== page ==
Para Bellum’s Conquest has become a breakout hit. I sat down with one of the visionaries behind the company, and game, to learn about its past, present, and future.
Conquest: The Last Argument of Kings came seemingly out of the blue intent on both being a siren’s call for Warhammer Fantasy ex-pats, while also carving out its own legacy through a creative, and particularly deep amount of world-building.
I recently had a change to have a long conversation with Stavros Halkias, Founder of Para-Bellum, and one of the visionaries behind the game and its quirky, fascinating world. To say that we learned a lot about the sort of hands the game finds itself in, would be an understatement!
Tell me about yourself and what you do at Para Bellum.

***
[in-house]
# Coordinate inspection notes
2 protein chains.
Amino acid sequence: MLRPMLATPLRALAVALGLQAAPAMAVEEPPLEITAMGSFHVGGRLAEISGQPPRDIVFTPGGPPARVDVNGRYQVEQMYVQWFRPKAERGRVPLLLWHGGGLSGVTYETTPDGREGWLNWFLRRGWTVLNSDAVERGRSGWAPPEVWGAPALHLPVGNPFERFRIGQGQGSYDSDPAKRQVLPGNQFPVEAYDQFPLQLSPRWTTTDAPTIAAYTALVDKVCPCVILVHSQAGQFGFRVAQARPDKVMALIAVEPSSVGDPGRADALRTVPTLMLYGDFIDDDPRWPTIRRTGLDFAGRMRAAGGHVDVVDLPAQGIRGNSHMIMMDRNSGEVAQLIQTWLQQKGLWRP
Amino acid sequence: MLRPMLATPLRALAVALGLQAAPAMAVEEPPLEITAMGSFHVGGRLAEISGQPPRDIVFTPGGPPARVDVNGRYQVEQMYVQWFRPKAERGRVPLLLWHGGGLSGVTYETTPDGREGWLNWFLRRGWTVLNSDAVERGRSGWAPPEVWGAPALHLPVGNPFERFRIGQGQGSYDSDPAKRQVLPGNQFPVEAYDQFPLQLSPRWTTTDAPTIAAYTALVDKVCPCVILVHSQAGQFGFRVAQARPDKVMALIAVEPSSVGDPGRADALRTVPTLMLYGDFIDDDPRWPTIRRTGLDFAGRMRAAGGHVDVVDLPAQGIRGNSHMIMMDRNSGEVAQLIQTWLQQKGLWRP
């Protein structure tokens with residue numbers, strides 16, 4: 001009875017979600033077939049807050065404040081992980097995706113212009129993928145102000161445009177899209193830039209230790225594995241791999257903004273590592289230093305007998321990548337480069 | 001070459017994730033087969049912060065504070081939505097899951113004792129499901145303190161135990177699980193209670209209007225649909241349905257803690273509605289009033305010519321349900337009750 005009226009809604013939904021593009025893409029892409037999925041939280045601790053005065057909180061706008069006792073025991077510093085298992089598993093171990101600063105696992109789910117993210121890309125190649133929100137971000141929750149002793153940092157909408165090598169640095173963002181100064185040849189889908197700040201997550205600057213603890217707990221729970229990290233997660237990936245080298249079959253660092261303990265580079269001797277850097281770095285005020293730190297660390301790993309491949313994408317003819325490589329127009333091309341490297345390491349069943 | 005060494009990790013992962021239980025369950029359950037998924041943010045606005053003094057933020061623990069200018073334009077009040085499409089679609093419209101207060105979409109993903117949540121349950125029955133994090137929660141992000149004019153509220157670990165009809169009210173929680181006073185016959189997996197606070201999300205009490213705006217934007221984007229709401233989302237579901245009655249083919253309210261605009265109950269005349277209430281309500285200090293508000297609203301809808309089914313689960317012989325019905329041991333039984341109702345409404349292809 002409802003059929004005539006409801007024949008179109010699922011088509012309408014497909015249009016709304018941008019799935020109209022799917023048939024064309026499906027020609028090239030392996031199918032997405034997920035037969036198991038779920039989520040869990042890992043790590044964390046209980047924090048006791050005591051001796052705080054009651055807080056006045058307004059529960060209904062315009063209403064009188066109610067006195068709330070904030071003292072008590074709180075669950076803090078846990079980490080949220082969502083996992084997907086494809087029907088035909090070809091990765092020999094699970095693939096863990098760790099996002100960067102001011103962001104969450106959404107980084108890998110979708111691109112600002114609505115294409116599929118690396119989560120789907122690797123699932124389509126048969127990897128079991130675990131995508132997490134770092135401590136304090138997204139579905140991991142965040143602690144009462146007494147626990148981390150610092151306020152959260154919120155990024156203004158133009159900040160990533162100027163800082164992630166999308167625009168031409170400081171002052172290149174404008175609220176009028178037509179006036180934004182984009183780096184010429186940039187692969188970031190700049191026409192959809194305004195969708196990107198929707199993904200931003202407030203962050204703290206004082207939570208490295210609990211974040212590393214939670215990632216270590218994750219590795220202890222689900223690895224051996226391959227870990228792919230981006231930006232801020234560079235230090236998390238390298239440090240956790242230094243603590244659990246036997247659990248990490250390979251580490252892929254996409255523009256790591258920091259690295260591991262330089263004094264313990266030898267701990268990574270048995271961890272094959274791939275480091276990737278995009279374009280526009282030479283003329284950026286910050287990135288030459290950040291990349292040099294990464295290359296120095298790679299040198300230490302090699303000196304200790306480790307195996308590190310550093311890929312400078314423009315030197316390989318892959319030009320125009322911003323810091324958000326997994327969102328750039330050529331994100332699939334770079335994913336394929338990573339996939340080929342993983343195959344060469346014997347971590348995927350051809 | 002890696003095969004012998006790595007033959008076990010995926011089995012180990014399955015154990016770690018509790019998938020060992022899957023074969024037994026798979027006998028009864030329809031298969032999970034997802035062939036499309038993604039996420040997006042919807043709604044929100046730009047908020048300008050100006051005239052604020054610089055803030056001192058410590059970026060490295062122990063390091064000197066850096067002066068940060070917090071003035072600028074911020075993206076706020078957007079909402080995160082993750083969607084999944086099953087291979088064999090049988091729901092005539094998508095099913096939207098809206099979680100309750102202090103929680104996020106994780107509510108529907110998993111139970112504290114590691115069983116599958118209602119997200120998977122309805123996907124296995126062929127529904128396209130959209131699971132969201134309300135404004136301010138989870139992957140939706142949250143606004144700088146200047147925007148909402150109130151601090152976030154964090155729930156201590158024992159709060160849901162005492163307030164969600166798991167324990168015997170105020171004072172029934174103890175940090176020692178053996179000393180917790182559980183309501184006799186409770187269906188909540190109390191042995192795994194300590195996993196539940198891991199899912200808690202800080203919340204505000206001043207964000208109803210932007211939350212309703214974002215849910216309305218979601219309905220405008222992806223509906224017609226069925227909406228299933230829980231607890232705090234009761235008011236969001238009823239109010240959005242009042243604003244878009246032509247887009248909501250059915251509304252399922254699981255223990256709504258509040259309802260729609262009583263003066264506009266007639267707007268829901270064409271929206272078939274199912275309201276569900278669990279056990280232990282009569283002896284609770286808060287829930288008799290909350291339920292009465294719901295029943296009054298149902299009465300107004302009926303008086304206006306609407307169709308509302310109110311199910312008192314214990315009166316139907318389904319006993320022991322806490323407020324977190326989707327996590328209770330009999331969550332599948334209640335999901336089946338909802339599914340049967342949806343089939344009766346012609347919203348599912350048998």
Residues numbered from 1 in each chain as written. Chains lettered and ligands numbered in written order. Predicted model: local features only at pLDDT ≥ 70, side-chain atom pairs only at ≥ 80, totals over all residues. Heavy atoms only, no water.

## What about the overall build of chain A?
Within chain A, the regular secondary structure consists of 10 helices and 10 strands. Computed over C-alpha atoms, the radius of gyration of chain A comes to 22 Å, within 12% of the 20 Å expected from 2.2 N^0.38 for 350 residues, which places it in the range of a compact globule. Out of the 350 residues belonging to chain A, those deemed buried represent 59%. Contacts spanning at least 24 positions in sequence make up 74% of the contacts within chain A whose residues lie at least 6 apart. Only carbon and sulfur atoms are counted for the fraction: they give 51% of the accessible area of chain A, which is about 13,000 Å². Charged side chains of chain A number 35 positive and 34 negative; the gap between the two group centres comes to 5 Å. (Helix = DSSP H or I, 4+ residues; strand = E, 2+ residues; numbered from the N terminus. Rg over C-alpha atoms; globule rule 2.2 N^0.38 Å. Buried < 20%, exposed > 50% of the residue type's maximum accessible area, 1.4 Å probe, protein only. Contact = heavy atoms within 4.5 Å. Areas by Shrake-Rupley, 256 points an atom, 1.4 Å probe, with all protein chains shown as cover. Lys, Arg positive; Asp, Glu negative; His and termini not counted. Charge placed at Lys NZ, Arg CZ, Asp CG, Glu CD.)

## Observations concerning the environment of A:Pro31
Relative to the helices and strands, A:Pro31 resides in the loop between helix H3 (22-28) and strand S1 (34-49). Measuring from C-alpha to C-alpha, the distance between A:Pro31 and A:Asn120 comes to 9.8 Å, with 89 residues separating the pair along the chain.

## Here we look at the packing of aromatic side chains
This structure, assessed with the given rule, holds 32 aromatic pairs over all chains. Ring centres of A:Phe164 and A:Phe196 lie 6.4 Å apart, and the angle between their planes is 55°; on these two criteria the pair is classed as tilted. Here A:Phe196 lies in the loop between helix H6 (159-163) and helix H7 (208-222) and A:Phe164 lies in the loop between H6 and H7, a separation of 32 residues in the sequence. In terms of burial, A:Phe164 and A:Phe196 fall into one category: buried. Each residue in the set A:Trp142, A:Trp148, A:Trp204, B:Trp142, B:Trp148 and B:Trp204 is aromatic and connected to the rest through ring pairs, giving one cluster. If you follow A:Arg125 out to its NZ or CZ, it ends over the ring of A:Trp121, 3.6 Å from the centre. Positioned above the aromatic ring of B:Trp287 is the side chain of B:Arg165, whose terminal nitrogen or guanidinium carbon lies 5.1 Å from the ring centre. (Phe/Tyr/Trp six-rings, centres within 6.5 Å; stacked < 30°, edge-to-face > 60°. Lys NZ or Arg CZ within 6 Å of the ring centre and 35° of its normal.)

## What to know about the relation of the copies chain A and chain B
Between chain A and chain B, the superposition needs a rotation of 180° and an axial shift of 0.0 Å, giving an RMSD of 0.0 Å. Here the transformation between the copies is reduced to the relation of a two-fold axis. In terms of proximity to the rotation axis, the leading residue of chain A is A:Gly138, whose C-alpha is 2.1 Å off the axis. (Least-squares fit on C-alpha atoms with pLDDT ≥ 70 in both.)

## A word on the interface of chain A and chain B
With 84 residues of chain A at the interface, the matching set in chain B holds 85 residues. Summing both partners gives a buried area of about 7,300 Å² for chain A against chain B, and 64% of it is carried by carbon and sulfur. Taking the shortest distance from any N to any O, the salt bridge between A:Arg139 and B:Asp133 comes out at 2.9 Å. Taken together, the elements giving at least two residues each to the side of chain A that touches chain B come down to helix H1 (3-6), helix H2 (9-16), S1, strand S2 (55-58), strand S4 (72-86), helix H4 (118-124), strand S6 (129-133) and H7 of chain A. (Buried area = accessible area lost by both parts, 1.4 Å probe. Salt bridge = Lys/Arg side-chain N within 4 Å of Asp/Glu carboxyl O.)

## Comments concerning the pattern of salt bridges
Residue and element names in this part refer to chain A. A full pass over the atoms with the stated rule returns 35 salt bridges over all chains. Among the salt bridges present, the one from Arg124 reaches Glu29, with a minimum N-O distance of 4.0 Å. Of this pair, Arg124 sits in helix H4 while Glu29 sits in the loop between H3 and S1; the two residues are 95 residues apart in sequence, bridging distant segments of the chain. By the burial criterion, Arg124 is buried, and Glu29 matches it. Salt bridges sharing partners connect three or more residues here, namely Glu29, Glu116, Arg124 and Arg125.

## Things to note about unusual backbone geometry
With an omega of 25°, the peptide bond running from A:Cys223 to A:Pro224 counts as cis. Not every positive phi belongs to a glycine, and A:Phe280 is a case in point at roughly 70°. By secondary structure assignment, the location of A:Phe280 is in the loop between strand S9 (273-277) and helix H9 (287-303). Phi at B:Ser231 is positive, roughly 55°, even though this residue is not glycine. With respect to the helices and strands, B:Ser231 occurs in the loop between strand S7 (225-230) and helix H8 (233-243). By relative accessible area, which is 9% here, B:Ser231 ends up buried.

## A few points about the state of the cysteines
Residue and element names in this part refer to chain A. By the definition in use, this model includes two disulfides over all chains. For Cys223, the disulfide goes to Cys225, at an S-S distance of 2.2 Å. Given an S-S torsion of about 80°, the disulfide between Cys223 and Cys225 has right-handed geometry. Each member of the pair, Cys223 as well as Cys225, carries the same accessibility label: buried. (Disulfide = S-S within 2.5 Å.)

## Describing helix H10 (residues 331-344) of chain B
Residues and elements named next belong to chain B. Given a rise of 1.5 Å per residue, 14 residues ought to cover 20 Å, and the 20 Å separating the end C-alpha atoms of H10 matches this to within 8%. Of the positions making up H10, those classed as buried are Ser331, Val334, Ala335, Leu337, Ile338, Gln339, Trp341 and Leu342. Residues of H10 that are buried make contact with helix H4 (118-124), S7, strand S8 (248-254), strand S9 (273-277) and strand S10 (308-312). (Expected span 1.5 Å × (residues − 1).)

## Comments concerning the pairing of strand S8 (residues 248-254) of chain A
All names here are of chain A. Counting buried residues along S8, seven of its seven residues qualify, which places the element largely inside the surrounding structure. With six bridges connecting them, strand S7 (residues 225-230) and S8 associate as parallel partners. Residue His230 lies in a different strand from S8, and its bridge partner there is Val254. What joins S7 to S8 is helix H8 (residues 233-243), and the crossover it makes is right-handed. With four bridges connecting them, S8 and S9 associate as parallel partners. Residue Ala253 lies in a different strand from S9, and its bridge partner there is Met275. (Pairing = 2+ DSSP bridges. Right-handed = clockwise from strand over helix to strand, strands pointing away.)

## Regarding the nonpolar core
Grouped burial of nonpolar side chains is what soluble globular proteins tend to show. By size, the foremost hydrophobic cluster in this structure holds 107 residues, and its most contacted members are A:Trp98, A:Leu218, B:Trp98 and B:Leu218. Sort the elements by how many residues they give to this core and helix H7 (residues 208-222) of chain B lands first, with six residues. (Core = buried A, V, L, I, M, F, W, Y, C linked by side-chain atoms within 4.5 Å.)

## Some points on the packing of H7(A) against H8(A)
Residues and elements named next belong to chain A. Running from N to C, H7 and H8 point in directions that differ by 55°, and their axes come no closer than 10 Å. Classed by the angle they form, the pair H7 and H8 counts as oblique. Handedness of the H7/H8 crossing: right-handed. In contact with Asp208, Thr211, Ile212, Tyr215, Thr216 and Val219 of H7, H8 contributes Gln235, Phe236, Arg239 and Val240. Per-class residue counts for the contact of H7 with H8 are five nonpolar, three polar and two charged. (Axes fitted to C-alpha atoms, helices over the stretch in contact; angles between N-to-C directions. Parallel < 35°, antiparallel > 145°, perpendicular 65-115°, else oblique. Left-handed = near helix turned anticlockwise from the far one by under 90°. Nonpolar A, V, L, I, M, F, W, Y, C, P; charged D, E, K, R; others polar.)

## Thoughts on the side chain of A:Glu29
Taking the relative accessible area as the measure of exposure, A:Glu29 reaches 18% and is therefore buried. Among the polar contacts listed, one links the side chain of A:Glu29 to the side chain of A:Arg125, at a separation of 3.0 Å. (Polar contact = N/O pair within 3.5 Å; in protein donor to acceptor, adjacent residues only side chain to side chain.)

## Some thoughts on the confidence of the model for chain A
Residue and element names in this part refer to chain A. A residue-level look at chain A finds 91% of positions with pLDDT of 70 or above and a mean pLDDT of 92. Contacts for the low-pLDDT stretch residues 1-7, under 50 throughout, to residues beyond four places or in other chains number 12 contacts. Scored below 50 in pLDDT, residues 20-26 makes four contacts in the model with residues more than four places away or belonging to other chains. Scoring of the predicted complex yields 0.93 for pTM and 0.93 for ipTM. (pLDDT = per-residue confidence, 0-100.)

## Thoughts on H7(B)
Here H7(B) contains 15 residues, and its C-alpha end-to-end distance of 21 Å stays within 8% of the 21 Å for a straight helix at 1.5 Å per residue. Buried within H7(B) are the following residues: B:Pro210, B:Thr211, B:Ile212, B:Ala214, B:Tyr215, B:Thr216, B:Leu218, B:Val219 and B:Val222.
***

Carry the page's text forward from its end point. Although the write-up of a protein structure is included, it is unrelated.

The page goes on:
What is there to say that we haven’t said already… Let me see. I’ve been a wargamer since my parents bought me a 2nd edition Warhammer 40K box when I was 8. They bought it in October and hid it in a closet until Christmas. I somehow found it (never having been the most perceptive of creatures) and proceeded to bring it down and ogle it every time they left the house. By the time I finally got to open it there was probably water damage from all the drooling I had done. Since then I went on to study economics and military history and always kept my passion for the hobby alive. I’ve played Fantasy, 40K, Confrontation, Hordes, Infinity. I love each system, some more for the background than their rules, but I see the awesomeness in them all. As far as Para Bellum goes, I do a little bit of everything. The biggest challenge in establishing para bellum, one we didn’t appreciate in the beginning, was not the difficulty of going into plastics. That difficulty we knew and were braced for. The real challenge was establishing a product development team that could deliver new product EVERY month. It’s like finally finishing an Ironman run and having one of the judges give you a lukewarm glass of water and an indifferent pat on the back at the finish line and say: ‘Rest up, youre doing this again tomorrow.’ What keeps you going is not that megre reward at the finish line, it’s cheering from the sidelines. The people that see what you are doing and love it. I don’t handle compliments or too much flattery, but seeing our miniatures painted or reading a battle report makes me so damn proud it is difficult to describe. As far as what I do in the company it is hard to describe. One role is clear. Creative Director: Every piece of art, every miniature you guys see goes through my hands. I am also in the happy position of being the person who comes up with the background for the world (Konstantinos does the actual stories and narratives, I focus more on the world building.. more of a macro guy) it means I have a lot of creative control over the entire product line. It is not total, as we give our artists a lot of free rein. If your artists are not challenging you, pushing your boundaries and those of the industry, I think you are doing something wrong. The other role, Founder, is a lot more nebulous. Best way to summarize it is that I am the only person who understands every step of the production and sales chain from alpha to omega as I was there when it was built… So basically I am the ultimate question answerer. And there are a LOT of questions that need answering.